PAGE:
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Results 41 - 60 of 1901.


Life Sciences - Pharmacology - 21.05.2020
Sex bias in pain research
It is increasingly clear that male and female humans and rodents process pain in different ways. And that there are important differences in the underlying mechanisms involved at genetic, molecular, cellular, and physiological levels. Despite this fact, according to a review paper from McGill University published today , most pain research remains overwhelmingly based on the study of male rodents, continuing to test hypotheses derived from earlier experiments on males.

Materials Science - Chemistry - 20.05.2020
Team of Canadian and Italian researchers breaking new ground in materials science
A study by a team of researchers from Canada and Italy recently published could usher in a revolutionary development in materials science, leading to big changes in the way companies create modern electronics. The goal was to develop two-dimensional materials, which are a single atomic layer thick, with added functionality to extend the revolutionary developments in materials science that started with the discovery of graphene in 2004.

Life Sciences - Physics - 20.05.2020
Elucidating the mechanism of a light-driven sodium pump
Elucidating the mechanism of a light-driven sodium pump
Researchers at the Paul Scherrer Institute PSI have succeeded for the first time in recording, in action, a light-driven sodium pump from bacterial cells. †The findings promise progress in the development of new methods in neurobiology. The researchers used the new X-ray free-electron laser SwissFEL for their investigations.

Physics - Life Sciences - 20.05.2020
How cosmic rays may have shaped life
How cosmic rays may have shaped life
Physicists propose that the influence of cosmic rays on early life may explain nature's preference for a uniform "handedness" among biology's critical molecules. Before there were animals, bacteria or even DNA on Earth, self-replicating molecules were slowly evolving their way from simple matter to life beneath a constant shower of energetic particles from space.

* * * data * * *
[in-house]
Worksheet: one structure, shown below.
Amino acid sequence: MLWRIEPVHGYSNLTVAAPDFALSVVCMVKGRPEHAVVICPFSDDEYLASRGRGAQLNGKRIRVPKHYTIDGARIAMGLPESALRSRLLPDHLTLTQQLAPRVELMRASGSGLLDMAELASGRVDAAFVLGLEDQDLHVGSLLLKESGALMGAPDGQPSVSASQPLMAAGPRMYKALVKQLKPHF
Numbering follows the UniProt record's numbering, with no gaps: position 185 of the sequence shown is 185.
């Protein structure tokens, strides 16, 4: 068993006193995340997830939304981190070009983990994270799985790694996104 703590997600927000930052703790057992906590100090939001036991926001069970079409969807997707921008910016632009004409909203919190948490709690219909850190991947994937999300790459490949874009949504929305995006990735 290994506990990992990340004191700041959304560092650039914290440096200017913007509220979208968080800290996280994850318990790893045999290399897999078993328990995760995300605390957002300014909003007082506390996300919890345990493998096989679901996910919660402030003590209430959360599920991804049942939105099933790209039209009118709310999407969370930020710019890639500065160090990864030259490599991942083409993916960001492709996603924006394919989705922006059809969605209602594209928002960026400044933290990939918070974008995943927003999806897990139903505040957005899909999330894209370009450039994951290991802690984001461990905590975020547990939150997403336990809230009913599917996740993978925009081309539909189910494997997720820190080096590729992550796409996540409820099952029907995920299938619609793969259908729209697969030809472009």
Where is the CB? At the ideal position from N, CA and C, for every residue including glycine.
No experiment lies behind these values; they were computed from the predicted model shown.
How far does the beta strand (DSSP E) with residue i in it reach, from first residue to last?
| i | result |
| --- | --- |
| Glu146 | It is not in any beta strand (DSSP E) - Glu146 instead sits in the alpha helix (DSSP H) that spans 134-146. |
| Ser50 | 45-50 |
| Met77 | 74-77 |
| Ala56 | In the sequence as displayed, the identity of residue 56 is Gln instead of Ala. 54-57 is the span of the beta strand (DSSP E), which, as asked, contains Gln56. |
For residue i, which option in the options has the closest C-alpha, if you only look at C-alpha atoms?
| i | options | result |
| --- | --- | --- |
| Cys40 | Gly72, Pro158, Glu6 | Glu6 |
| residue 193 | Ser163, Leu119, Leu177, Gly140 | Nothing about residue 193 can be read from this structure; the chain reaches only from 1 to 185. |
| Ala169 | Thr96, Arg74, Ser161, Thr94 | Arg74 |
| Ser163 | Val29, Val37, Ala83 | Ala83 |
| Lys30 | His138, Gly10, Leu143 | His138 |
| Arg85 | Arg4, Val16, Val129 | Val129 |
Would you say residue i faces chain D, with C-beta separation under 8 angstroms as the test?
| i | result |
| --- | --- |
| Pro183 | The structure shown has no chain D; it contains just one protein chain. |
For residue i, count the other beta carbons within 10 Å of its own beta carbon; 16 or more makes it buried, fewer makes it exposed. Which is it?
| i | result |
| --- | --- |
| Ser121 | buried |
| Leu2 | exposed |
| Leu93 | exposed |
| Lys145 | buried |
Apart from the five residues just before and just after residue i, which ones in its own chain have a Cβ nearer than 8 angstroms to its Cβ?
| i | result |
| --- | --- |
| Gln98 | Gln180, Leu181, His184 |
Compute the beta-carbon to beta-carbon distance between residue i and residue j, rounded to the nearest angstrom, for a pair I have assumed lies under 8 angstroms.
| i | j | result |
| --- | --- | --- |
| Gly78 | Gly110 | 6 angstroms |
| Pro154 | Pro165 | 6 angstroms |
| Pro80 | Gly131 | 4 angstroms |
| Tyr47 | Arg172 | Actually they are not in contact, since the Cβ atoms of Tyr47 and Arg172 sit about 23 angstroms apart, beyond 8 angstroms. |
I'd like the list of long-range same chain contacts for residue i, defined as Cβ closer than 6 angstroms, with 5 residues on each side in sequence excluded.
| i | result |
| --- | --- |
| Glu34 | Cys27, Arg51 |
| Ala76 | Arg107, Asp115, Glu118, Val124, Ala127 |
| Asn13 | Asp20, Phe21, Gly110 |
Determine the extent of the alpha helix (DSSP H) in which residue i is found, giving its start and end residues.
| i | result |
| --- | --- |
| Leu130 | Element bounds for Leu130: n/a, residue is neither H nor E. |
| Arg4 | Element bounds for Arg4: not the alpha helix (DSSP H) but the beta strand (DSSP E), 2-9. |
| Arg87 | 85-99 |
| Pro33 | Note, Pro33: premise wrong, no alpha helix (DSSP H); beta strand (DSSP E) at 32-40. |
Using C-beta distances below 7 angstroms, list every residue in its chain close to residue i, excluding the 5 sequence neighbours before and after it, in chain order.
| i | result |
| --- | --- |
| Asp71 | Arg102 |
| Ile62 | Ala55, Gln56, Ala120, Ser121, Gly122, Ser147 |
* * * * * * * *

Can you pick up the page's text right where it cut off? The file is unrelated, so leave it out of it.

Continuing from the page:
Life Sciences - Pharmacology - 20.05.2020
New way to reverse symptoms of Fragile X
New way to reverse symptoms of Fragile X
Drug compound, tested in mice, could be effective in treating the leading heritable cause of intellectual disability and autism. MIT scientists have identified a potential new strategy for treating Fragile X syndrome, a disorder that is the leading heritable cause of intellectual disability and autism.

Physics - Computer Science - 20.05.2020
Quantum leap: Bristol's photon discovery is a major step toward large-scale quantum technologies
Quantum leap: Bristol’s photon discovery is a major step toward large-scale quantum technologies
The development of quantum technologies promises to have a profound impact across science, engineering and society. Quantum computers at scale will be able to solve problems intractable on even the most powerful current supercomputers, with many revolutionary applications, for example, in the design of new drugs and materials.

Life Sciences - Environment - 20.05.2020
Towable sensor free-falls to measure vertical slices of ocean conditions
Towable sensor free-falls to measure vertical slices of ocean conditions
The motion of the ocean is often thought of in horizontal terms, for instance in the powerful currents that sweep around the planet, or the waves that ride in and out along a coastline. But there is also plenty of vertical motion, particularly in the open seas, where water from the deep can rise up, bringing nutrients to the upper ocean, while surface waters sink, sending dead organisms, along with oxygen and carbon, to the deep interior.